The tide of litigation from an increasingly frequent form of cybercrime, data breaches, is on the rise in the United States and globally. Data breaches are sector-agnostic, impacting governments, healthcare providers, telecommunications and critical infrastructure players, retailers, tech firms, and many others. In addition to the work of assuaging the public and oversight agencies and dealing with ransom demands and bad press, entities who sustain breaches are increasingly contending with litigation.
A search for pleadings filed in the last ten years involving data breaches or related terminology shows that an average of 1.3 new cases were filed per week, with that figure jumping to 2.3 per week in the last three months.
Searching just for data breach terminology likely does not capture all data breaches, and not all data breaches result in litigation. In 2022, the Identity Theft Resource Center reported that there were 1,802 data breaches. By comparison, a Docket Alarm search shows that 720 new pleadings relating to data breaches were filed last year, some of which were filed about the same breach.
In this article, we take a closer look at trends pertaining to forum and multi-district litigation (MDL), average case length, and which law firms are most frequently involved in data breach cases.
In the last ten years, the courts that saw the most frequent filings related to data breaches were either the corporate home of companies that experienced data breaches or the district selected to host an MDL.
Waste Management Inc.
|D. Or.||Premera Blue Cross MDL||2015|
|EDVA||Capital One MDL||2019|
One other venue that bears discussion is the Western District of Missouri, where not one but two data breach cases against T-Mobile were consolidated as MDLs. The first concerned a 2021 breach of more than 75 million current, former, and prospective customers’ data. The MDL settled earlier this year for $350 million wherein Stueve Siegel Hanson LLP, Keller Rorhback L.L.P., and Hausfeld LLP served as interim co-lead counsel and T-Mobile was represented by Alston & Bird LLP and Spencer Fane LLP.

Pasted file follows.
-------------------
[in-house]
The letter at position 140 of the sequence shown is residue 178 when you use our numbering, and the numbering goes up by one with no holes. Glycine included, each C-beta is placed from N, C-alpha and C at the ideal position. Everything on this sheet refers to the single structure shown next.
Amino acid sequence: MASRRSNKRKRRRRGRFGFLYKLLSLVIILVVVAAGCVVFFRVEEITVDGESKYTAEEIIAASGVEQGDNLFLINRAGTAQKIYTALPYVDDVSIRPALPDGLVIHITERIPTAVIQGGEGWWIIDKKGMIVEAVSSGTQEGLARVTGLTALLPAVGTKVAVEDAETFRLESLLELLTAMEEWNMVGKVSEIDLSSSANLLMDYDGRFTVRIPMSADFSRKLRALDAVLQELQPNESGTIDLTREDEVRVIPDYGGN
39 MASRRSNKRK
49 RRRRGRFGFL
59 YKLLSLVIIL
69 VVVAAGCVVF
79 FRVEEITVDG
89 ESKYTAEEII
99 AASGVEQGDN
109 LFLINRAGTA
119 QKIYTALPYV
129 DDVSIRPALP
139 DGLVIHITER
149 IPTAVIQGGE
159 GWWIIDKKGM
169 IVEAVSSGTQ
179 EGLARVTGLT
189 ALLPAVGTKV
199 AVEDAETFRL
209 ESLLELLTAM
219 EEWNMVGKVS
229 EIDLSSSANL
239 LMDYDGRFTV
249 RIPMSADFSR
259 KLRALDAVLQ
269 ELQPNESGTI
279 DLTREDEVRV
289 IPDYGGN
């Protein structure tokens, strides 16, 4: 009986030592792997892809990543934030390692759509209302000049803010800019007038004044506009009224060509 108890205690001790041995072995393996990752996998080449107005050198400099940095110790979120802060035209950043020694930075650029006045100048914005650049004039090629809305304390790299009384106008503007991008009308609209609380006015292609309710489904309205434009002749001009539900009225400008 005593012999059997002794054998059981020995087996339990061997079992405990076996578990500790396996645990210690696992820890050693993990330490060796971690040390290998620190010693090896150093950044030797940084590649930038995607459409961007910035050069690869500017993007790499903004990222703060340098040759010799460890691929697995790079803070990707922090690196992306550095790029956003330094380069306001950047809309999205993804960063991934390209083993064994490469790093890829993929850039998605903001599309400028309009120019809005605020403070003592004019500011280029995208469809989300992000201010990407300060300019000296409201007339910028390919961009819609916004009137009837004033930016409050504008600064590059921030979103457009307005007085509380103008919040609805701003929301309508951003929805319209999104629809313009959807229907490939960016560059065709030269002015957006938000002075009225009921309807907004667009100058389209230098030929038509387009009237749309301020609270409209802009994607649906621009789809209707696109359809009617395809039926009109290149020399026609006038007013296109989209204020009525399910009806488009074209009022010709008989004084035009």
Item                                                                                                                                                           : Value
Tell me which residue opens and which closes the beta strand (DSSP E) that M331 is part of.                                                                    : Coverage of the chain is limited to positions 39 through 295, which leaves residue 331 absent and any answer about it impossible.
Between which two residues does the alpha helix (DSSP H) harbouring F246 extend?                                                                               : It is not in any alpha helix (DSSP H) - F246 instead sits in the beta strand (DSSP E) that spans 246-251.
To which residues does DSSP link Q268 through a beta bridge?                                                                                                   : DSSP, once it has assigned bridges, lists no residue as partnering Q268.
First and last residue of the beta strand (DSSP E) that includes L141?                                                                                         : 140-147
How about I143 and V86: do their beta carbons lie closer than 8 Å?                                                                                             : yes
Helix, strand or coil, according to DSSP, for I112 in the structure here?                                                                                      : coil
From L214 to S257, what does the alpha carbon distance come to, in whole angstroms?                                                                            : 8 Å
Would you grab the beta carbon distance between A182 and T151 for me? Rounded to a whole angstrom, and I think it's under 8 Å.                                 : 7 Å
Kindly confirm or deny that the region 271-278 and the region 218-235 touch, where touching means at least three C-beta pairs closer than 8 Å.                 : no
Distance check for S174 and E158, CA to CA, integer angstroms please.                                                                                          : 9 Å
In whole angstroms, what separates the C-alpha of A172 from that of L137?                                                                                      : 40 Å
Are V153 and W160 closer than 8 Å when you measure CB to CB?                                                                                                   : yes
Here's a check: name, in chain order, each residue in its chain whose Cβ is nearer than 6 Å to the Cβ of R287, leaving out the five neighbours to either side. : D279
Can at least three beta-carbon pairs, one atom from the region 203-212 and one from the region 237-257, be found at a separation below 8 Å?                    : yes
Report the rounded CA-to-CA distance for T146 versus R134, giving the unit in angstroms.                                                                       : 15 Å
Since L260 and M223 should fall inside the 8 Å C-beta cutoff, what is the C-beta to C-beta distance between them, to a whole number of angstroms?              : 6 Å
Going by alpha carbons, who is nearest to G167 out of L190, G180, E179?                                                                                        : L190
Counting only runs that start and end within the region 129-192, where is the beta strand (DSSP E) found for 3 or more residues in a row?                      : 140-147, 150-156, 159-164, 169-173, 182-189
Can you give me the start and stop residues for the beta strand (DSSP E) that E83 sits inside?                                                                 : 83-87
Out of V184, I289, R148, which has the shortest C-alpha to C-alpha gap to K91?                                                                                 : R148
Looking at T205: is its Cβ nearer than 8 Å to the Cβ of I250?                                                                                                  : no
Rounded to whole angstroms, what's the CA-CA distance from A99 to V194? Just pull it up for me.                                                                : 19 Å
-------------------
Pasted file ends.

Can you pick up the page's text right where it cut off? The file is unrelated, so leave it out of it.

This month, the same judge, Brian C. Wimes, was tapped to preside over a 2022 data breach impacting approximately half as many customers, according to a Judicial Panel on Multi-district Litigation order issued several weeks ago.
A search of JPML “transfer order” records shows consistent data breach-related orders, varying between one and two per month for the last ten years.
For the cases within Docket Alarm Analytics’ sweep, the average case length was about two years and one month.
This figure is perhaps surprisingly low considering the size of these cases. Some implicate millions of Americans and/or entities and state dozens of causes of actions in the contract and tort realm, under the California Consumer Privacy Act, the Health Insurance Portability and Accountability Act, the Fair Credit Reporting Act, and other privacy or data-oriented laws.
One interview by TechTarget with plaintiffs’ lawyers indicated that a factor driving early settlement was risk on part of all litigants. The nascency of the data breach litigation field, the looming (or already present) spectre of bad press for companies that suffer the breaches, as well as financial cost of litigating are some of the factors propelling early settlement, the article said.